discussion on some point from which the British Government never expected that any serious discussion could possibly arise. He plunges at once into the subject by a broad statement of claims - somewhat vaguely defined but very boldly asserted. A rejoinder ensues; a long correspondence, in which the American minister shows considerable power and dexterity, follows; cach striking document on the side of the United States being instantly published and circulated throughout that people of reading politicians, craving excitement. War at last appears on the point of breaking out: Great Britain makes a last effort for peace; she cannot entirely submit to the terms which have been demanded from her, but she will make a sacrifice to get rid of so troublesome a business. The American Government here pauses; it does not wish for war: it says it never did wish for war. It believes that it could fairly demand all that it has asked for; still, as the Government of Great Britain does not seem wholly unamenable to reason, it will be willing to abate some of its rightful pretensions. A little haggling ensues; at last a bargain is struck; our Cabinet meet; each member draws a long breath and rubs his hands, and thanks Heaven that that troublesome affair is at last over; and so probably it is over for him if his tenure of office be not a very long one; albeit the constant amari aliquid will hereafter embitter the repose of his successor. The cause for all this is perfectly clear. The American Government has not begun the conflict of words with any intention that it should be a war of weapons. But the object of the American negotiator has been gained; he has made a great deal of noise; his dispatches have been a constant series of advertisements for popular favour; his eloquence, ability, and logic, the last quality generally consisting in the assumption of something as conceded which has never been conceded, and from that point arguing the rest,have been generally admired, and finally he has cornered the Britishers.' Mr. Buchanan's. recent nomination by the democratic party at Cincinnati for the Presidency is a marked proof of the accuracy of our inferences. Diplomatic questions are, in fact, parcelled out amongst the ambitious members of an American government as provinces and commands were parcelled out by the Romans amongst their great generals and statesmen: to Mr. Buchanan is allotted the Central American question, and to Mr. Marcy the Enlistment question. We have yet to see what the latter will obtain, but probably his fate is involved in that of Mr. Pierce ; and that gentleman has by this time discovered that the great objects of a statesman's ambition are as frequently lost as won by a turbulent solicitude to obtain them. But at all events, in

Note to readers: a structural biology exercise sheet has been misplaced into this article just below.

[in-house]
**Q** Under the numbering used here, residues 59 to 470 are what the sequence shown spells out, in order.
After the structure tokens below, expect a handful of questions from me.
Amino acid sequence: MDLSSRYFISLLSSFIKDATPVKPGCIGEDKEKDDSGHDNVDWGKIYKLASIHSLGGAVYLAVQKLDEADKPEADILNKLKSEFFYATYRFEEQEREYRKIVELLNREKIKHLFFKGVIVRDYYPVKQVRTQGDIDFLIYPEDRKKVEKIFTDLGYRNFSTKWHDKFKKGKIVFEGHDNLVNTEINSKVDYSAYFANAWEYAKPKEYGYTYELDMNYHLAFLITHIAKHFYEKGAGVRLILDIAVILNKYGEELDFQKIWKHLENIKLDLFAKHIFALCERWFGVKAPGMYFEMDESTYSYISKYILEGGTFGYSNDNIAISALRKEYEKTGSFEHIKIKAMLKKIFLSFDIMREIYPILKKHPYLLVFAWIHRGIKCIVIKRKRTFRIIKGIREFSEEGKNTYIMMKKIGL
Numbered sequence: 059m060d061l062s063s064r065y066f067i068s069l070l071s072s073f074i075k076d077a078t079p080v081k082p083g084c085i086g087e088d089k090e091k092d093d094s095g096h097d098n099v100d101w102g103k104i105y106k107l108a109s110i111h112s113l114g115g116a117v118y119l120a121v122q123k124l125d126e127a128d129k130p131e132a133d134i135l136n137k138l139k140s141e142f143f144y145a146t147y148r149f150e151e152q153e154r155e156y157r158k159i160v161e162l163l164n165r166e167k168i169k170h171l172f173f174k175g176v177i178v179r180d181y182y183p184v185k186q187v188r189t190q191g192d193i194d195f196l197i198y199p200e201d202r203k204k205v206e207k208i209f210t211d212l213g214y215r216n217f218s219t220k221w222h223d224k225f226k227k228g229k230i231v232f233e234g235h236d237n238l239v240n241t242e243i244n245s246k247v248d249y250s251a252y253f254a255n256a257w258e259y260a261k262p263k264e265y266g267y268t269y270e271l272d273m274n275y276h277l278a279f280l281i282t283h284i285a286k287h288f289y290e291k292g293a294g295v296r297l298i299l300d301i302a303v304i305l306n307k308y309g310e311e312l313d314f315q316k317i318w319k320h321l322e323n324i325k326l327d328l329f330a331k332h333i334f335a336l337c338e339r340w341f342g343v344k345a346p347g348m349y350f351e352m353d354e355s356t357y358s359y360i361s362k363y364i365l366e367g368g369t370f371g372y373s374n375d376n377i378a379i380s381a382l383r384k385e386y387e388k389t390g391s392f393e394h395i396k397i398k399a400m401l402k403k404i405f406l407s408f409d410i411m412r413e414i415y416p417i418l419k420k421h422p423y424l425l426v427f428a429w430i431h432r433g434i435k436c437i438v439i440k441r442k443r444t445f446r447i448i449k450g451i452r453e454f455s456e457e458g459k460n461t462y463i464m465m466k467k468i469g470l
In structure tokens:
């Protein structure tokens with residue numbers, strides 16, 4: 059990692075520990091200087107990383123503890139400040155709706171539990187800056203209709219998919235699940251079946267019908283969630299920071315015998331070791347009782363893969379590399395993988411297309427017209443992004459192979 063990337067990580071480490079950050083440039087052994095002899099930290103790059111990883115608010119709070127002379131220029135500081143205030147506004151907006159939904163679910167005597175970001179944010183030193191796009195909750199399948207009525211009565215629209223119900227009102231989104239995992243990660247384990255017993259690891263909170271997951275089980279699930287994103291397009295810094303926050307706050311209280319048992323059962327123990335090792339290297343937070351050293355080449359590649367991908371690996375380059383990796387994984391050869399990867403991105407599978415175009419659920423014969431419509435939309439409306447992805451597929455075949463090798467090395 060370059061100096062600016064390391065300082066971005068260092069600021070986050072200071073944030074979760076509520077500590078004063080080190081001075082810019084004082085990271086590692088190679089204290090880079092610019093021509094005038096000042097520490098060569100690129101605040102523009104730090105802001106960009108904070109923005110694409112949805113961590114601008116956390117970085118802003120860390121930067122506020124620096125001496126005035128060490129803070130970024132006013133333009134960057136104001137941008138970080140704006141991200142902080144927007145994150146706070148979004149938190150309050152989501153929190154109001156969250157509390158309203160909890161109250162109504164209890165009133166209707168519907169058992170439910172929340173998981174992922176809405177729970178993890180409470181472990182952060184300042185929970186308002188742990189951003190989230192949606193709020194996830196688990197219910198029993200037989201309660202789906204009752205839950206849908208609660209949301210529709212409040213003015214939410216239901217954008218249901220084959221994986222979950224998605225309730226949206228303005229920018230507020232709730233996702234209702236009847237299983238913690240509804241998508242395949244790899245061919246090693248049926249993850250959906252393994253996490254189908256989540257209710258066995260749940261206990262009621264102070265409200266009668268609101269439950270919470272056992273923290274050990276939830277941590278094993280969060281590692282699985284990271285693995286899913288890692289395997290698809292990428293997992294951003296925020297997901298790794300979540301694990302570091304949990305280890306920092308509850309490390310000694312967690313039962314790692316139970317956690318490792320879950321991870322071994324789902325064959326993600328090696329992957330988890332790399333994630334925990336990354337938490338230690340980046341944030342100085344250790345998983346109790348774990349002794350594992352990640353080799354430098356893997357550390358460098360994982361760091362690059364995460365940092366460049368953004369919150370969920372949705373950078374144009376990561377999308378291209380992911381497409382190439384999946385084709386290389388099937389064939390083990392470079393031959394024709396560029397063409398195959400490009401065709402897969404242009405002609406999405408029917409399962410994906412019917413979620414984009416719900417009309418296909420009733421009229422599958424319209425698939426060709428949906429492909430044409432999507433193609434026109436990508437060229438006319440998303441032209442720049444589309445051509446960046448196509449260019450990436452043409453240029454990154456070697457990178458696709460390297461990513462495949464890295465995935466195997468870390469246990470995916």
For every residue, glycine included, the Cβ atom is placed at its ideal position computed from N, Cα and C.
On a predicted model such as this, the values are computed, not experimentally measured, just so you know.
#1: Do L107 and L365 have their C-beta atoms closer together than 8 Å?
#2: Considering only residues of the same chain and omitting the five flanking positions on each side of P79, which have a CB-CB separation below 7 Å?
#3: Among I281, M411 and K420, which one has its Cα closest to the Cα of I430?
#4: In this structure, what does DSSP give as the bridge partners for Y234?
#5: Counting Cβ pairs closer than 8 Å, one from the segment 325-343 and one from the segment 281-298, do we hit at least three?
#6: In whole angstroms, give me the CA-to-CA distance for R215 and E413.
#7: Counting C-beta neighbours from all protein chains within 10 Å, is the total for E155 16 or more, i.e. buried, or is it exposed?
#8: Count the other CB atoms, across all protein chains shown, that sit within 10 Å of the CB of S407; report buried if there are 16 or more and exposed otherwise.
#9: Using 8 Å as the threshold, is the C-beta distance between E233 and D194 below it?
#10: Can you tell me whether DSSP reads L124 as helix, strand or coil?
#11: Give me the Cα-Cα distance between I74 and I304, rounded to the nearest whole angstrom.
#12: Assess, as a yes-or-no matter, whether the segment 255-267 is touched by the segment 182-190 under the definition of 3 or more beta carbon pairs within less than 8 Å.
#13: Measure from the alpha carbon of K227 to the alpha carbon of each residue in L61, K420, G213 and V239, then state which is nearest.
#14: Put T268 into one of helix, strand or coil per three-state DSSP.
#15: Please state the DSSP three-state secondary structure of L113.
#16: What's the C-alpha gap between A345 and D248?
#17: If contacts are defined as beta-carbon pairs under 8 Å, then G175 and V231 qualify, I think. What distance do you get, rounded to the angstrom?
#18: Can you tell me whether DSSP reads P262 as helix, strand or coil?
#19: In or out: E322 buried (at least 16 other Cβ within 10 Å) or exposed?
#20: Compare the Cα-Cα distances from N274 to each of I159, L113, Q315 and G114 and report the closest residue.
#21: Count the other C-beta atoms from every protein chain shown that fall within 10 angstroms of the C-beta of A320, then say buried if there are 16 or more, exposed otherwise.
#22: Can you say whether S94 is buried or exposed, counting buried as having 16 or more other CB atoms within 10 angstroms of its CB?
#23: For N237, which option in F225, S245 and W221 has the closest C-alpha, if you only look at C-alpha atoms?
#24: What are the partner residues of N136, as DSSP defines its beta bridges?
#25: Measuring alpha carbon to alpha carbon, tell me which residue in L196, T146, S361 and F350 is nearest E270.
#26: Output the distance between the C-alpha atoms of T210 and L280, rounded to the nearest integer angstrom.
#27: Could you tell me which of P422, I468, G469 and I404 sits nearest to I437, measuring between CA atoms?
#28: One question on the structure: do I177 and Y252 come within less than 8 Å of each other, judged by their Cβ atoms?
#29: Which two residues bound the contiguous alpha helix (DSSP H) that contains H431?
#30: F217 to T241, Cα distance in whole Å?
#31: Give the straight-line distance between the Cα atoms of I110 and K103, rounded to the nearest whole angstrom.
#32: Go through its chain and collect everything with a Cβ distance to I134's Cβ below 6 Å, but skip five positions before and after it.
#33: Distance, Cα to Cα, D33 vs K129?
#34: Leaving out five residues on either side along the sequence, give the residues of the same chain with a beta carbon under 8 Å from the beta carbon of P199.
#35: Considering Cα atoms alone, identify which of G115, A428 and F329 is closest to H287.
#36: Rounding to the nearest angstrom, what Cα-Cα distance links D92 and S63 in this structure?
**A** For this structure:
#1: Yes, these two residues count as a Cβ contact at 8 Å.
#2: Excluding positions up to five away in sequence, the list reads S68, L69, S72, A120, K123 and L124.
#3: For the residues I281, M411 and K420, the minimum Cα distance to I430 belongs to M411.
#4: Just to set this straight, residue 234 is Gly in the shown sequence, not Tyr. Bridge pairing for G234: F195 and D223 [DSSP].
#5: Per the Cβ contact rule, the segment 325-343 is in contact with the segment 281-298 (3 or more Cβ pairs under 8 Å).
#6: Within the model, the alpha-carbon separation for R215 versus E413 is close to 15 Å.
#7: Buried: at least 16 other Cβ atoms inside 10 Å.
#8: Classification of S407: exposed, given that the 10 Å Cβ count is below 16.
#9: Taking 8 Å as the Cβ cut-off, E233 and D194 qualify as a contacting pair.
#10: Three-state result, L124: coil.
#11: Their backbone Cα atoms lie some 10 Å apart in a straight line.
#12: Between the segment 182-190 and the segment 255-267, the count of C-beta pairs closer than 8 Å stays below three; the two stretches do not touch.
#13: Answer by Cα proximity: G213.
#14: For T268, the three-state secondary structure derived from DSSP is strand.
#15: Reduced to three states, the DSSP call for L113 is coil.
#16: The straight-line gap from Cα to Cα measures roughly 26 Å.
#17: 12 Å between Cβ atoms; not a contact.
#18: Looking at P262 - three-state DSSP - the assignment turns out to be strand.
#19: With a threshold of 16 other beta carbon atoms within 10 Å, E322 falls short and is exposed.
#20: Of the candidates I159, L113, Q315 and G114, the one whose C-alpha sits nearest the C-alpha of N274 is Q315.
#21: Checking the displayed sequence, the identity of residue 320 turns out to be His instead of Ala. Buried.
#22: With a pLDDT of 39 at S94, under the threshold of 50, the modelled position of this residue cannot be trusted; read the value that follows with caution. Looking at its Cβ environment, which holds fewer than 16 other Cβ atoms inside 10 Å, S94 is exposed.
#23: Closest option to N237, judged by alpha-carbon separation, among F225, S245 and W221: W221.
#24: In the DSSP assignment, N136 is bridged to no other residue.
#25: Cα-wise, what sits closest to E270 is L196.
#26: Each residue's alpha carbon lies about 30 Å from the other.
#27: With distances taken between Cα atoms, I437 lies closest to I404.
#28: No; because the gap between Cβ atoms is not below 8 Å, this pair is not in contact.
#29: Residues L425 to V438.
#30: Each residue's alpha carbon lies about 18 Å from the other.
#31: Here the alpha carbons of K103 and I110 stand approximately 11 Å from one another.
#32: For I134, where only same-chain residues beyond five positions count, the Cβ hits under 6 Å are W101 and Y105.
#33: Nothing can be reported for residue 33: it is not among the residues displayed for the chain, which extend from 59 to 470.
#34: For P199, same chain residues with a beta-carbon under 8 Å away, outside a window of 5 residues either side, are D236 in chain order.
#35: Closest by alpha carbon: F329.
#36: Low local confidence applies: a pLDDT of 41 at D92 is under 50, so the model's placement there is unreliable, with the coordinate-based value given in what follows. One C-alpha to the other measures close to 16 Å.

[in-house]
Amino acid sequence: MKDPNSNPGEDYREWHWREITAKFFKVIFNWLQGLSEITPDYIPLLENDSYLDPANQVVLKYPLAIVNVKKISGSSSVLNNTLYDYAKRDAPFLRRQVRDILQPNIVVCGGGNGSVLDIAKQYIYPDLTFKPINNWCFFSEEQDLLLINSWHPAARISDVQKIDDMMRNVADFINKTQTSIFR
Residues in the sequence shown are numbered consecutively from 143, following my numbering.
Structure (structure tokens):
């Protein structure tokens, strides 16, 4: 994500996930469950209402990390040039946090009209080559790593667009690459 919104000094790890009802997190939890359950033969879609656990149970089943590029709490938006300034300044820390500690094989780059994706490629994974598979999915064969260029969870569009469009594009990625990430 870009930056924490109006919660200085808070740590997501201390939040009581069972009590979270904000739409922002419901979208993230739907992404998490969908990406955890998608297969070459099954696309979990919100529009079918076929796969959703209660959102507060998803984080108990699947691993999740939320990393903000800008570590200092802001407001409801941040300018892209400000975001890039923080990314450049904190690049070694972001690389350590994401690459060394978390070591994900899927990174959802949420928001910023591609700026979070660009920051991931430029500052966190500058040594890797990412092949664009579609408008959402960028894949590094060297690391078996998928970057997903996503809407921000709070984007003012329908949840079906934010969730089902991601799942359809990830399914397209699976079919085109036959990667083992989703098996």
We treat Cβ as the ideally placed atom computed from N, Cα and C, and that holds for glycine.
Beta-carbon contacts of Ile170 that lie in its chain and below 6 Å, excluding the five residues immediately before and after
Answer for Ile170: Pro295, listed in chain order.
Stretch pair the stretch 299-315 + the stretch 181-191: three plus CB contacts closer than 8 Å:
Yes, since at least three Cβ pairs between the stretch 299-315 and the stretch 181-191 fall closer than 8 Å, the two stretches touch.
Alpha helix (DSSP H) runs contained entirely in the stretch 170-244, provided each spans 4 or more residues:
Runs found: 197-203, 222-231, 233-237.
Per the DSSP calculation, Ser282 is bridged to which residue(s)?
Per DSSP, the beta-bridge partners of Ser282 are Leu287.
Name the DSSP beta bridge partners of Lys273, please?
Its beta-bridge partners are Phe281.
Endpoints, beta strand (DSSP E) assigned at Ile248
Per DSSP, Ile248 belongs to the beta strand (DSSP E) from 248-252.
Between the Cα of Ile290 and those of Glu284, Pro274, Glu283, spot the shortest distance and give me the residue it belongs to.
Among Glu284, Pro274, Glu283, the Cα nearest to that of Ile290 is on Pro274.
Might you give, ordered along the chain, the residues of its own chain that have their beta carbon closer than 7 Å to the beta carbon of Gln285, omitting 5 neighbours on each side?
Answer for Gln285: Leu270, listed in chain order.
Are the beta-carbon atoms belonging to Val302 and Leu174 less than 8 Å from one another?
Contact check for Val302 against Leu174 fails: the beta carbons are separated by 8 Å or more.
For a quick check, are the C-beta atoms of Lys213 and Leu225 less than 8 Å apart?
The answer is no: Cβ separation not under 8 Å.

these two questions just referred to, as in many former questions, the points in dispute between the two Governments have been of trifling importance and admitted of easy arrangement; but the spirit in which they have been carried on has swelled them from molehills into mountains; and it is only after sending a. fleet to the West Indies, and receiving the British Minister back from Washington, that we obtain welcome assurances of the amicable disposition of the United States.